As an associate at Jenner & Block, Kirsch authored an article discussing the difficulties of securing victim cooperation in prosecuting domestic violence.[9]  In the article, Kirsch discusses various factors that might lead victims not to cooperate with prosecutors, and evaluates the possibility of forcing victims to testify.  Kirsch ultimately concludes that the costs of forcing a victim to participate, which include the possibility of retraumatizing the victim, ultimately outweigh the benefits.[10]

Overall Assessment

As Barrett was undergoing confirmation to the U.S. Supreme Court, the White House vetted a number of candidates for the Seventh Circuit, including White House attorney Kate Todd.[11]  In choosing Kirsch over a younger, more ideological choice like Todd, the White House is recognizing the political reality.  No President since Jimmy Carter has seen a post-election confirmation of an appellate nominee (and the confirmation of Judge Stephen Breyer late in 1980 was only done with the acquiescence of Senate Republicans).  With Democrats unlikely to endorse filling judgeships this late in the Trump Presidency, Republicans will have to stick together to confirm Kirsch.  The good news for Kirsch backers is that the nominee is unlikely to incite much opposition and, barring any unexpected developments, Republicans are likely to squeeze him through.


[1] Tinder was later elevated to the Seventh Circuit and held the seat that Kirsch now seeks appointment to.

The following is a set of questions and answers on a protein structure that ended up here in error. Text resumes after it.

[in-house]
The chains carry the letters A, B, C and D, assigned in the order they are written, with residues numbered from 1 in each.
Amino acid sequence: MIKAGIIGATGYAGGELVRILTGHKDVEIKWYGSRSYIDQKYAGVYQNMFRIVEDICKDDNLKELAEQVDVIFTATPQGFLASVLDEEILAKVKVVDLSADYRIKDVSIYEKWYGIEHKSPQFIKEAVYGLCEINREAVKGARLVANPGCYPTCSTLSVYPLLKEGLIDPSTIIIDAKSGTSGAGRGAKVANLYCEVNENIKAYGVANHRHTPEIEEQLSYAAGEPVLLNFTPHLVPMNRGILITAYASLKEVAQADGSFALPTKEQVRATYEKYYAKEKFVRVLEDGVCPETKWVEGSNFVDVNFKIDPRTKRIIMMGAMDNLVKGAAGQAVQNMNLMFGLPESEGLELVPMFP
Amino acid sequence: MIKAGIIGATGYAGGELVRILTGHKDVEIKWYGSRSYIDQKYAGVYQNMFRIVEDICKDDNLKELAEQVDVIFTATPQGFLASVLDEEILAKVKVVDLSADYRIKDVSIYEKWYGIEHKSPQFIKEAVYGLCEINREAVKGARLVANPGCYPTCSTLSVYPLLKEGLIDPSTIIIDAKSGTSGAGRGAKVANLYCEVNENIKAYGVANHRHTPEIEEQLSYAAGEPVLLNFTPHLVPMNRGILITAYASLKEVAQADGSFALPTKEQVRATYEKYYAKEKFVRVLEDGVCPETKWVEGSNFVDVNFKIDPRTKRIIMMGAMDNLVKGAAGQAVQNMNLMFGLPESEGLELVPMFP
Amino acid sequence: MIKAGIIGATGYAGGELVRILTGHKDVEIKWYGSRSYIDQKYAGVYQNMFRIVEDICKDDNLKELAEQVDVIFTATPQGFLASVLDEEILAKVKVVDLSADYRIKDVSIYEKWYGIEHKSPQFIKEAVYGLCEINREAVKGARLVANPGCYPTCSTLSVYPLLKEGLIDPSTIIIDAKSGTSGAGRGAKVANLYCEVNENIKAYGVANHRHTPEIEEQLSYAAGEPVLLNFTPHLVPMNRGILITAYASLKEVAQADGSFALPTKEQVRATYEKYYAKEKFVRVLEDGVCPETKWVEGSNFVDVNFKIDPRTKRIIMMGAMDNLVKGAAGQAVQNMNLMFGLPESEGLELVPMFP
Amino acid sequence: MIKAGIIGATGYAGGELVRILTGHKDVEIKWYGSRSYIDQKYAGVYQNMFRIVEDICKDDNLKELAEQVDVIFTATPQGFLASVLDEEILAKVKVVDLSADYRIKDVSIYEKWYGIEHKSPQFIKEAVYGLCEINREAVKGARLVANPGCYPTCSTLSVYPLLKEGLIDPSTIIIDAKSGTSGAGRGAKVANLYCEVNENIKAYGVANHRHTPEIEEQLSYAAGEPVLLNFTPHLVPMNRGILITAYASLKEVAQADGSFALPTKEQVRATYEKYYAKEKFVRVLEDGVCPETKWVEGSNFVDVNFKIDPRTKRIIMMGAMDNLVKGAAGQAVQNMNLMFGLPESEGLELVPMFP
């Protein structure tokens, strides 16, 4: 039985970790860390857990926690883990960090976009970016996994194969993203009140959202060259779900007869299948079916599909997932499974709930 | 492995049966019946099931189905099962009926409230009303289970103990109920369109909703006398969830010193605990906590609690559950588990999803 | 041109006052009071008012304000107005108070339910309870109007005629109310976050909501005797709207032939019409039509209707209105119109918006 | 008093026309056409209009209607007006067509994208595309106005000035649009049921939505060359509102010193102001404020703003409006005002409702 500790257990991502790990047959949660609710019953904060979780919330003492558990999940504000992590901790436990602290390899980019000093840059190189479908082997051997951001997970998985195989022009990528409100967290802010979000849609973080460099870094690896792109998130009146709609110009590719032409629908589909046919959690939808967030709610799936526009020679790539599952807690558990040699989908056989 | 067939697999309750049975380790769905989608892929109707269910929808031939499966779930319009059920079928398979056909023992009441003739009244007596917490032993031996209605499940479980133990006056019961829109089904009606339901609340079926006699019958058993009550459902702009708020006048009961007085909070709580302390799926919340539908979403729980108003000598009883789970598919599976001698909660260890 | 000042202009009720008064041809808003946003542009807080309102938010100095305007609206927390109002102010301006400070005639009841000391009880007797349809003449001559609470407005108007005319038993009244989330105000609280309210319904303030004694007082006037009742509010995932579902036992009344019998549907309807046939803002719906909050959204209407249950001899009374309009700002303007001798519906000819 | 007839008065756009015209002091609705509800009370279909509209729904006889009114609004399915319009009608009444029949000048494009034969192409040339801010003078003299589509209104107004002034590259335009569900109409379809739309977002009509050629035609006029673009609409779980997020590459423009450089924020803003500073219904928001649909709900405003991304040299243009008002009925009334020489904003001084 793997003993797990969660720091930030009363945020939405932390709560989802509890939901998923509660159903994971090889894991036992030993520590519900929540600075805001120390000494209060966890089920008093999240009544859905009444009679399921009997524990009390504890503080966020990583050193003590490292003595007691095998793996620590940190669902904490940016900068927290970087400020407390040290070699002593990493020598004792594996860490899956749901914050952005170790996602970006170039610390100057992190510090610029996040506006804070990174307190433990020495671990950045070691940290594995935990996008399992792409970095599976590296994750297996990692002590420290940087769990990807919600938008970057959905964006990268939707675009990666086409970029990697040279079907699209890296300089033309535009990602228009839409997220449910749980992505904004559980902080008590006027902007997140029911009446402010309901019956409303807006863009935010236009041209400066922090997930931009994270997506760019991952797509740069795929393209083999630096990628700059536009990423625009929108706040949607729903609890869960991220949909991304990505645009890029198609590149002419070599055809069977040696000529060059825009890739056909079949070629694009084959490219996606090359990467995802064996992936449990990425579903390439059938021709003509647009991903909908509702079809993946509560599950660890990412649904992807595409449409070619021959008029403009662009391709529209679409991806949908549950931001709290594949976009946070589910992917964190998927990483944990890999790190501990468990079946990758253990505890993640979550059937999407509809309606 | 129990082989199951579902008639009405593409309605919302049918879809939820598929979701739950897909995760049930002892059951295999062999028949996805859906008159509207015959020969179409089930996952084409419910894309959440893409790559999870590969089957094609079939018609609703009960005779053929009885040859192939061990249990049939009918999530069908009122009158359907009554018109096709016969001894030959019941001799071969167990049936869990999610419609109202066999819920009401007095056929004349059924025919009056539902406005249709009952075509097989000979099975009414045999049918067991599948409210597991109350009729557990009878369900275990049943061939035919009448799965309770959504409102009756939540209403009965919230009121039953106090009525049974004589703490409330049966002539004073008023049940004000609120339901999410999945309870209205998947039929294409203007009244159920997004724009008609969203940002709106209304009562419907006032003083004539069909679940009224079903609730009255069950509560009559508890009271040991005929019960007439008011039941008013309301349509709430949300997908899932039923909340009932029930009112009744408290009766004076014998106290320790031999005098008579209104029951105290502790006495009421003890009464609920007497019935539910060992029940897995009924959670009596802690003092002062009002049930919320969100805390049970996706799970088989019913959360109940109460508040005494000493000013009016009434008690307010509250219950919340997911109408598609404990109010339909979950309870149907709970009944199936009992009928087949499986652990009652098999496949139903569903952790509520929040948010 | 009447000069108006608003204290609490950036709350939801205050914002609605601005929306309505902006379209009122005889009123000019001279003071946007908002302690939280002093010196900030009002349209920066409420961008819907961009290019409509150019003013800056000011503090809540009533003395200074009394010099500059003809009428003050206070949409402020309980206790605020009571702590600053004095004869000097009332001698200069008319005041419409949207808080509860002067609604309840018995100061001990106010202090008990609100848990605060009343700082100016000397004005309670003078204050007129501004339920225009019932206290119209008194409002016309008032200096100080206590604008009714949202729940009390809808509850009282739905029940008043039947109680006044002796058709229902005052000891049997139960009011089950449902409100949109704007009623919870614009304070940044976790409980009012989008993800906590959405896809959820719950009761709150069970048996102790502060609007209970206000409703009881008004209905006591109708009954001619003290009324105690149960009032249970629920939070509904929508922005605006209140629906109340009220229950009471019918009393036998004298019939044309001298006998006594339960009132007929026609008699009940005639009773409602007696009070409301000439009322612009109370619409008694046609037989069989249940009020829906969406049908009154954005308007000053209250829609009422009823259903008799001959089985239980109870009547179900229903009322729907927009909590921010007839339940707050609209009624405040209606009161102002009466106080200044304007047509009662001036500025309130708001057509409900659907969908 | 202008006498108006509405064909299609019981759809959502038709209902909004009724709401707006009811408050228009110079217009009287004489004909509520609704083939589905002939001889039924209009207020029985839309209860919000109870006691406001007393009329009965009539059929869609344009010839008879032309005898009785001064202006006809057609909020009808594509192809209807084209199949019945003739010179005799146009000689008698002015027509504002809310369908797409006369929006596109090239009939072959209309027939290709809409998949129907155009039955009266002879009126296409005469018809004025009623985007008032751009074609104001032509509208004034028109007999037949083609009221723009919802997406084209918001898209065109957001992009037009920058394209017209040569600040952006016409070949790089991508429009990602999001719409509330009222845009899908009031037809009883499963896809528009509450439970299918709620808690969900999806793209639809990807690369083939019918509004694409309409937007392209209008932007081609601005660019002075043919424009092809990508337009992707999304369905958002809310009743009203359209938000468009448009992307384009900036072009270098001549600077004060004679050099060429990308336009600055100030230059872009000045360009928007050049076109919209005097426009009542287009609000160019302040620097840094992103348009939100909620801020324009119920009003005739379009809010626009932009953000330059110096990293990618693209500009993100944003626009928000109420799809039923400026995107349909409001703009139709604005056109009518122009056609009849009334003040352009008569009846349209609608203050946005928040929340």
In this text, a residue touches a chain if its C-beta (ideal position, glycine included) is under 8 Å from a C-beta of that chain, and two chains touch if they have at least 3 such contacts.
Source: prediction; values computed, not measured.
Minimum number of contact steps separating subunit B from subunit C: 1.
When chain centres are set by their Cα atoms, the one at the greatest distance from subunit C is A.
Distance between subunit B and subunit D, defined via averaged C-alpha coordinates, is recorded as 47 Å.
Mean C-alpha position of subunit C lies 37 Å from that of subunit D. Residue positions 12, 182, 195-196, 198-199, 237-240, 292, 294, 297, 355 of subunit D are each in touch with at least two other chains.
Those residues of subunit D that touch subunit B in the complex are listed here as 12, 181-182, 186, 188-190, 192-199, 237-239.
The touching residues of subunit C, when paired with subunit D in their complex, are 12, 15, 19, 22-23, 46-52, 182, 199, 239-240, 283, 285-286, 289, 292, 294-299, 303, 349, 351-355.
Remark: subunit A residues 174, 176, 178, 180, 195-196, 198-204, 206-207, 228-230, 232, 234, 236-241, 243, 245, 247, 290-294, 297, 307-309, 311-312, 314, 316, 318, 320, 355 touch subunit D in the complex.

[4] See A.P., Former East Chicago Mayor Aide Gets Prison Time for Hiding Money, A.P. State & Local Wire, Apr. 3, 2006.

[5] See Michael Tarm, Prosecutors: Cellini Deserves 8 Years in Prison, A.P. State & Local Wire, July 13, 2012.

[6] See Michael Tarm, TV Pitchman Jailed After Jurors Find Him Guilty, A.P. State & Local Wire, Nov. 12, 2013.

[7] A.P., Man Gets 29 Years for Post Office Pipe Bomb Addressed to Lawyer, The Indiana Lawyer, Apr. 5, 2019, https://www.theindianalawyer.com/articles/49911-man-gets-29-years-for-post-office-pipe-bomb-addressed-to-lawyer.

[8] See Marek Mazurek, Scammers Capitalize on Virus Fears, South Bend Tribune, Apr. 13, 2020.

[9]Thomas L. Kirsch II, Problems in Domestic Violence: Should Victims Be Forced to Participate in the Prosecution of Their Abusers?, 7 Wm. & Mary J. of Women & L. 383 (Winter 2001).

[10] See id. at 426-27.

[11] Chip Somodeville, Trump and McConnell Are Reportedly Already Discussing Amy Coney Barrett’s 7th Circuit Replacement, The Week, Sept. 28, 2020, https://theweek.com/speedreads/940066/trump-mcconnell-are-reportedly-already-discussing-amy-coney-barretts-7th-circuit-replacement.   

2 Comments

  1. Judges have been confirmed (and sometimes even nominated) in post-election Senate sessions since the earliest days of the Republic, when the President’s party had the votes to do so, with John Marshall being the most prominent. Although such actions have been rare in recent decades because the minority party could use the filibuster to block them, Harry Reid put an end to that with his short-sighted move in 2013 to abolish the filibuster for judicial nominations.

    Under Reid, Senate Democrats confirmed more than 2 dozen judicial nominations after losing control of the chamber in the 2014 election. The GOP, which appears favored to retain its Senate majority after the GA runoffs, is likely to return the favor this year by confirming many of the outgoing President’s remaining nominees.

    https://www.uscourts.gov/judges-judgeships/judicial-vacancies/archive-judicial-vacancies/2015/01/confirmations/html

    Like